“So much of how we prevent eating disorders is focused on protecting women from internalizing societal imperatives about beauty and thinness, said Lowe. “Counteracting this focus is certainly needed, but the situation is more complicated than that. Part of the reason for girls’ sensitivity about their weight is a real – not just an imagined – problem with accelerated weight gain.”
"Part of the reason for girls’ sensitivity about their weight is a real – not just an imagined – problem with accelerated weight gain.”
Lowe acknowledges that this creates something of a “catch-22”: do you tell girls whose body weights are significantly above average that they are becoming overweight, possibly inducing them to engage in dangerous forms of dieting? Or do you say nothing, which might mean you’ve missed an opportunity to prevent further weight gain and possible health problems?
“As a country we obviously have a serious problem with obesity, and the weight gain that eventually results in obesity sometimes starts early in life,” said Lowe. “On one hand, the best approach to solving our weight problem is to prevent weight gain because it is so hard to treat once it becomes established. However, if you place too much emphasis on weight – especially during adolescence when girls are especially sensitive about their weight and appearance – you could inadvertently spur unhealthy dieting and rapid weight loss, which could contribute to an eating disorder. So there is a balance that needs to be struck, but few people are aware of this dilemma or how to cope with it.”
"There is a balance that needs to be struck, but few people are aware of this dilemma or how to cope with it.”
These topics are currently being investigated in two of Lowe’s research grants, funded by the National Institute of Mental Health. The first study, which is being conducted by Drexel researchers along with those from the Columbia Center for Eating Disorders, is a four-year project that began in 2012. The study uses cell phone technology to survey participants about their behavior throughout the day.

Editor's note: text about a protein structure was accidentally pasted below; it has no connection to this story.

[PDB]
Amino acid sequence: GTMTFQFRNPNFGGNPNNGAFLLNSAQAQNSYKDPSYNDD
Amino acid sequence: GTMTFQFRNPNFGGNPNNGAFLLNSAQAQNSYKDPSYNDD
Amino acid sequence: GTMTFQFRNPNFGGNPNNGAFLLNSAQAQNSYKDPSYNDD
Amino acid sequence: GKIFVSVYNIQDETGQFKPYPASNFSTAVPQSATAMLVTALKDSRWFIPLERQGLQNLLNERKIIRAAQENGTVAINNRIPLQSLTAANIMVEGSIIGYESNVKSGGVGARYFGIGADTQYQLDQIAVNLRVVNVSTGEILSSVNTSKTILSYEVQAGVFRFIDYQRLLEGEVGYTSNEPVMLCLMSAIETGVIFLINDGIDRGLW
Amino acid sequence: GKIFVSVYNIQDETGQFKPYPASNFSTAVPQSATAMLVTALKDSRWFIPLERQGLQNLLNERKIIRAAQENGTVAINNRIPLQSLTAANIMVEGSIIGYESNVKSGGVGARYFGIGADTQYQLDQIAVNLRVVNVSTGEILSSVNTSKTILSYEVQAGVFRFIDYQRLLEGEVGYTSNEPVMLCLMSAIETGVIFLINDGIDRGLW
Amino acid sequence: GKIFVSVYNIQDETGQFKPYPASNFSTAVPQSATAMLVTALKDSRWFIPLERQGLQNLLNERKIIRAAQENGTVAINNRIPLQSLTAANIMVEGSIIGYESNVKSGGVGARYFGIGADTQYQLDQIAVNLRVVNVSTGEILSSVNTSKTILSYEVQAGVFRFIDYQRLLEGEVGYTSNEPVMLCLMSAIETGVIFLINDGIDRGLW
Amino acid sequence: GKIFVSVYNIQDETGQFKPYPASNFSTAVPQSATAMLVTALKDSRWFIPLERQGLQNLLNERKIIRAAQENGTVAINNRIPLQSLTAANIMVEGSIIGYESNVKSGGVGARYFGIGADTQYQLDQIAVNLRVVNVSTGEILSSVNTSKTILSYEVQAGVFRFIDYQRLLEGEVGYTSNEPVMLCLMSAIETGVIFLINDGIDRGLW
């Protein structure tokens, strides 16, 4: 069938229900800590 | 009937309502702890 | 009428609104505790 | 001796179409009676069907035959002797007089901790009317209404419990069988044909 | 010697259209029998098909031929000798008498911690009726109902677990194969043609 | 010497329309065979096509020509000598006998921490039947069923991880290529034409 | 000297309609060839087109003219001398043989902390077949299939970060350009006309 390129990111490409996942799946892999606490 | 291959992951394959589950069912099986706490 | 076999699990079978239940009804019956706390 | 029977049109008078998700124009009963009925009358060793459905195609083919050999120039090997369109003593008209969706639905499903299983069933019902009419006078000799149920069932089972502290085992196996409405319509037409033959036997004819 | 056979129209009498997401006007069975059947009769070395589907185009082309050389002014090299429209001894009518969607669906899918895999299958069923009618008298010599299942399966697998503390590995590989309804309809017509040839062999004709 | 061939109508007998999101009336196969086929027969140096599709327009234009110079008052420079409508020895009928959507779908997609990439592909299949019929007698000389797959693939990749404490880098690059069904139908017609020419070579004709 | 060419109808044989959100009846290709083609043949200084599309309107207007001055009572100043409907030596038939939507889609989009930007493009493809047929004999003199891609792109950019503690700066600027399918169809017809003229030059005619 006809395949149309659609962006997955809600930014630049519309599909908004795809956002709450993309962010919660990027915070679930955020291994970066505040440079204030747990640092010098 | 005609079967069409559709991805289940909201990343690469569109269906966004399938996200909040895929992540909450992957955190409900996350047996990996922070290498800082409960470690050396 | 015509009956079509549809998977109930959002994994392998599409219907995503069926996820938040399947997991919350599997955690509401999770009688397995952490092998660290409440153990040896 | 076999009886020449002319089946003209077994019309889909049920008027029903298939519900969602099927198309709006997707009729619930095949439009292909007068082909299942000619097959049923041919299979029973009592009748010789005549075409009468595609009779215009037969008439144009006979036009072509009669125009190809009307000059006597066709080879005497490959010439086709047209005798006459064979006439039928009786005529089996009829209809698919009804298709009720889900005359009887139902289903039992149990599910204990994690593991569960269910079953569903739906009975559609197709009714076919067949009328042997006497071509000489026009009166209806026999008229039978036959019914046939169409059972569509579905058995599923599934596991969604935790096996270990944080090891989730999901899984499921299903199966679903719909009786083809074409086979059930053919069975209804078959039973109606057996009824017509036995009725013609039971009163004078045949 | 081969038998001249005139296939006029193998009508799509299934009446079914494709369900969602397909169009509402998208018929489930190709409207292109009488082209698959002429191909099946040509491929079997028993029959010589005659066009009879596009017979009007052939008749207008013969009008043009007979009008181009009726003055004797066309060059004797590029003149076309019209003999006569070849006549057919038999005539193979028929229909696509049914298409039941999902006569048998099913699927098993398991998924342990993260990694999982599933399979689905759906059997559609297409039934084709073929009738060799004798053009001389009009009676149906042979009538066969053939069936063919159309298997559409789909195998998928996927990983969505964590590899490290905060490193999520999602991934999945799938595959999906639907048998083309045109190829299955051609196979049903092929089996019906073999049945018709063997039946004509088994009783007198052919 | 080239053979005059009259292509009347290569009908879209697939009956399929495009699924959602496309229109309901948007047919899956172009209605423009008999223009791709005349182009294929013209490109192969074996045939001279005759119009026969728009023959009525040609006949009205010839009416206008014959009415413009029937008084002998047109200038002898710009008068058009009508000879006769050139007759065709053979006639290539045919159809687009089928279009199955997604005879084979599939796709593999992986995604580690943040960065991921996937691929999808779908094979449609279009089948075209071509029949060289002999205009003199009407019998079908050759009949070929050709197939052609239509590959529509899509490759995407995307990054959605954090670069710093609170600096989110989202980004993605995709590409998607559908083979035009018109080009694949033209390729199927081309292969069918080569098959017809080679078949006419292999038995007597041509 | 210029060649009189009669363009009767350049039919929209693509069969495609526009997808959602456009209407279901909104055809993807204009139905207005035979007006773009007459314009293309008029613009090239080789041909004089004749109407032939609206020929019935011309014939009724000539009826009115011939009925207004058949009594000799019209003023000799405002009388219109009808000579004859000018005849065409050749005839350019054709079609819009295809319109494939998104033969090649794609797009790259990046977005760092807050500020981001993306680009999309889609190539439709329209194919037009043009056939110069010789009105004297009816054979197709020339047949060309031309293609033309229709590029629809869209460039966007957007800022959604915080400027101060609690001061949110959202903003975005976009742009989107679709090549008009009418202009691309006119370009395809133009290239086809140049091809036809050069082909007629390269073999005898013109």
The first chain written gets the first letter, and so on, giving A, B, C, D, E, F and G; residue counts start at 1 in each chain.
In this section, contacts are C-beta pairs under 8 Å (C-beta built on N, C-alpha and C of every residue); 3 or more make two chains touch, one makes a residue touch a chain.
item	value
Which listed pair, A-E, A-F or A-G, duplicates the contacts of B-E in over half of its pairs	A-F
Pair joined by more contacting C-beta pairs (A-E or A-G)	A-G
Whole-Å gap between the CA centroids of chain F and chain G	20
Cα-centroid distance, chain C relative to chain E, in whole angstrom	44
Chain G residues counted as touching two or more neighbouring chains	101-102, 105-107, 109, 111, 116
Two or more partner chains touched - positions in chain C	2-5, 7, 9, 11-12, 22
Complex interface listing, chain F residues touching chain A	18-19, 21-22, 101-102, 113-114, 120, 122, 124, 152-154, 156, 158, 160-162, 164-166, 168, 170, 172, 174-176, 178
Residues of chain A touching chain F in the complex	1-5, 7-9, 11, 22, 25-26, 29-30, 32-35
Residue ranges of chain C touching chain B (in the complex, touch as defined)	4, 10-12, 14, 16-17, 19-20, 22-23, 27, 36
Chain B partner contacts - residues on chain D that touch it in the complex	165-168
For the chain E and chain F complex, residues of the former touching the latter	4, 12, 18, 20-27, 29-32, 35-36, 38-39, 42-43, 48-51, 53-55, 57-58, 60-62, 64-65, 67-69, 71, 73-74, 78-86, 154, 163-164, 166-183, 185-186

The second grant is a five-year collaboration with Anna Rose Childress, PhD, a professor and neuroimage researcher from the University of Pennsylvania. This study looks at the brain’s response to pictures of various food stimuli.
Women with eating disorders who are interested in participating in either study may call 215-553-7171 or email firstname.lastname@example.org for more information. All participants are compensated.
Lowe studies eating and weight regulation – and eating and weight disorders – from the perspective of clinical psychology, nutritional science, psychobiology and neuroscience. His specific research areas include: the relationship between dieting, overeating and weight control; obesity and the prevention of weight gain and weight regain; eating disorders research; integrating biological and psychological perspectives on eating and weight regulation; and research on the “power of food.” He was a consultant to Weight Watchers for many years and currently is the research consultant to the Renfrew Center for eating disorders in Philadelphia.